This Week in Film: Short Term 12, Bette Davis, Fogo, Ma Belle Gosse, and Family Portrait Sittings
This Week in Film rounds up noteworthy new releases in theatres, rep cinema and avant-garde screenings, festivals, and other special cinema-related events happening in Toronto.
Short Term 12 (TIFF Bell Lightbox)
Set in an American foster care facility, Short Term 12 was this year's narrative feature Grand Jury Winner at SxSW in Austin, Texas, and has since gone on to because one of 2013's big indie darlings. In the film, Grace (Brie Larson, a name to remember) witnesses her own troubled past emerging in the lives of the neglected children in her unit (and make you you don't call them "underprivileged"). The drama pretty high-strung, but it lets you feel good in the end, and it's not difficult to see why this is winning over critics and audiences alike.
Also opening in theatres this week:
The Hard Way: The Films of Bette Davis (November 15 - December 8; TIFF Bell Lightbox)
What to say to promote a programme of Bette Davis films? Surely nothing is really required, what with her name looming, monolithically, over even the directors' credits for these titles. William Wyler? Robert Aldrich? King Vidor? These pictures have Bette Davis in them. They're Bette Davis films. Credited in the programme notes as "the only actress to vie with Barbara Stanwyck as the greatest to emerge from the studio system" - here I was thinking it was no contest. "I will never be below the title." Precisely.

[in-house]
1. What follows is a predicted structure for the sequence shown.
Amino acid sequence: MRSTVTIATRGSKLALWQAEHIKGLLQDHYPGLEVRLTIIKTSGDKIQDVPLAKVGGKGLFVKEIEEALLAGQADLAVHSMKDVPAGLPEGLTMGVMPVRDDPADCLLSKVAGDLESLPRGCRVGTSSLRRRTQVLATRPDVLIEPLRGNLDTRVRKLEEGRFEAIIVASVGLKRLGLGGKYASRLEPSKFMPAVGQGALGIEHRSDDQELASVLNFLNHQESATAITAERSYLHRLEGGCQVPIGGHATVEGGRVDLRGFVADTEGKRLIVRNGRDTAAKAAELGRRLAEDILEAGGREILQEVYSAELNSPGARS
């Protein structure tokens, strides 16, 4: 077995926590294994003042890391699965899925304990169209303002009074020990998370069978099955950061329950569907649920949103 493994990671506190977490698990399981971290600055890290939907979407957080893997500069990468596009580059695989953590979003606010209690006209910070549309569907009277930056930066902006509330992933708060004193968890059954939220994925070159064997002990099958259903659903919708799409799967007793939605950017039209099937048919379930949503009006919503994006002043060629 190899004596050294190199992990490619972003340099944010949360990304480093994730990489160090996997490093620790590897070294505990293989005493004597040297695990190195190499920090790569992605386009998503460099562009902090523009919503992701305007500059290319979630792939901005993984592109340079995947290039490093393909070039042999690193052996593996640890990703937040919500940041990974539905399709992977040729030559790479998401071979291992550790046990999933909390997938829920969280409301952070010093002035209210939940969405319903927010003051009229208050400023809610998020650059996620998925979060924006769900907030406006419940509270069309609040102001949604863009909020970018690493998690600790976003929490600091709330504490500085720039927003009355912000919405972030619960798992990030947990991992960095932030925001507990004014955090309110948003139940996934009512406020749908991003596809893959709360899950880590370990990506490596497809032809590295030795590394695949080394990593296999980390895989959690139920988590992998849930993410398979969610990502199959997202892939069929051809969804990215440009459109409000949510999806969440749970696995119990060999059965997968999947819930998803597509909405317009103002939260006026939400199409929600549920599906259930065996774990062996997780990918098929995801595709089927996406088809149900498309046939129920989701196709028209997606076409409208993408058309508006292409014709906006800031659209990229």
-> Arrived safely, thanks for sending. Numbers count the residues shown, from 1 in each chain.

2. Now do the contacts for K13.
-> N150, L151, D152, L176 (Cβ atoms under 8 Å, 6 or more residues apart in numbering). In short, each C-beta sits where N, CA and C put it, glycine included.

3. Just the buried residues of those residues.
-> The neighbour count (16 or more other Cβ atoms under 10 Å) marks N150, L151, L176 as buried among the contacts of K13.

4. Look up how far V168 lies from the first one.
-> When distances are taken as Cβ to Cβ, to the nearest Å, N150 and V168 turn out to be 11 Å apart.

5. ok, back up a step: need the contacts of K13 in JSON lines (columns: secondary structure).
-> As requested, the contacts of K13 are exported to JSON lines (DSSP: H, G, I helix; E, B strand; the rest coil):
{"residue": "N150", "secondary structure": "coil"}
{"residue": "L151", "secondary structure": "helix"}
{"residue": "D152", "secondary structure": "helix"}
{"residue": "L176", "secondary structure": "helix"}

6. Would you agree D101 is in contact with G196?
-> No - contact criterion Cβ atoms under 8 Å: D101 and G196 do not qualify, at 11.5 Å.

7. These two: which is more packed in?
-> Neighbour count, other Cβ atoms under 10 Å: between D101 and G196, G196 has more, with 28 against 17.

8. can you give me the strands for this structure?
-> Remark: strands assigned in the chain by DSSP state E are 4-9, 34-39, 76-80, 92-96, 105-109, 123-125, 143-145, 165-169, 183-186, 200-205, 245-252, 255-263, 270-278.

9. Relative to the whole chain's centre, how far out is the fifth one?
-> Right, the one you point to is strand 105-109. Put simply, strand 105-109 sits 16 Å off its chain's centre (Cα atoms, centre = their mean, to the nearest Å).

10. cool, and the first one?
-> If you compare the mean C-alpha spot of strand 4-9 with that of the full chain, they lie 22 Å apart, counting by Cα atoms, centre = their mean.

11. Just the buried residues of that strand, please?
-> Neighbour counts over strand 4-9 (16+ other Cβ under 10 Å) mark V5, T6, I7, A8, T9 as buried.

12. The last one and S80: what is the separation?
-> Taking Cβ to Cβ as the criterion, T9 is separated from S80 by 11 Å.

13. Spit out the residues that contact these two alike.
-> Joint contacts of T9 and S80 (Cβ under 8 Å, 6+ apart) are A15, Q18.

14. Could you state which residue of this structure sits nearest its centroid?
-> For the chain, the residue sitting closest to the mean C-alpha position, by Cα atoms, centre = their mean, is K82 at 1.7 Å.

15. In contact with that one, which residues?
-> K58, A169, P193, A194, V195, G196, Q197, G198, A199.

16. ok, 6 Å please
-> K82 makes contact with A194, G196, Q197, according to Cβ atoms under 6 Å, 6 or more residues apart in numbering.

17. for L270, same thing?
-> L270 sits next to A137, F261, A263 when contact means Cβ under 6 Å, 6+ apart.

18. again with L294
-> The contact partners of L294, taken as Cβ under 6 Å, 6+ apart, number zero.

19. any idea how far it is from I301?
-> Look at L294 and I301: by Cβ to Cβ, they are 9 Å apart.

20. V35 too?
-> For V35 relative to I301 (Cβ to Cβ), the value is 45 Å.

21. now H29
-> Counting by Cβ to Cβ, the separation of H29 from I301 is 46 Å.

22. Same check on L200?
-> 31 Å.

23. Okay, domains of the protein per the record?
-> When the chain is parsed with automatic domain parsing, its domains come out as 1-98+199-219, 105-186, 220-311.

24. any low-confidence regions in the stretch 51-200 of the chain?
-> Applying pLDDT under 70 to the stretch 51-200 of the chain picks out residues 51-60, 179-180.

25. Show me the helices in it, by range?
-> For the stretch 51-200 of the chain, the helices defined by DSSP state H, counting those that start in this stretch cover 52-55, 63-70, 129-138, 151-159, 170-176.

This week's Bette Davis screenings:
MDFF presents: Fogo and Ma belle gosse (My Blue-Eyed Kid) (Monday, November 18 at 8PM; Double Double Land)
MDFF, the production company that's brought us films like Tower and East Hastings Pharmacy, continues their exciting screening series of buzzed-about films by DIY filmmakers. This time they're presenting a double feature by two young female directors, with both films having Canadian connections. Ma belle gosse (My Blue-Eyed Kid), by native Torontonian Shalimar Preuss, concerns seventeen-year-old Maden, who spends the summer in France at her family's holiday home with her siblings and slowly becomes involved in a romantic correspondence with an older male inmate at the nearby prison. Fogo is set on Fogo island off the coast of Newfoundland, is directed by Mexican filmmaker Yulene Olaizola. The hour-long doc-fiction hybrid is languid, austere, and incredibly haunting.
More in rep cinema this week:
Early Monthly Segments: Alfred Guzzetti's Family Portrait Sittings (Monday, November 18 at 8PM; Gladstone Art Bar)
Guest-programmed by Derek Jenkins, this special edition of the Early Monthly Segments series delivers a 16mm print of Alfred Guzzetti's delightful 1975 document of his own family, who recount their lives in both Italy and the US. "In Family Portrait Sittings, [Guzzetti] offers nested removes: a rememberer speaks, a still image floats, a film bleeps and crackles out--the relationship between these objects never direct, only phenomenal and continuous. His subjects discover and encounter questions of radical politics, of reproduction, of labour (aesthetic, domestic, provisional) stowed in the shoebox of practical history." Donations of $5-10 graciously accepted at the door.
Lead still from Short Term 12
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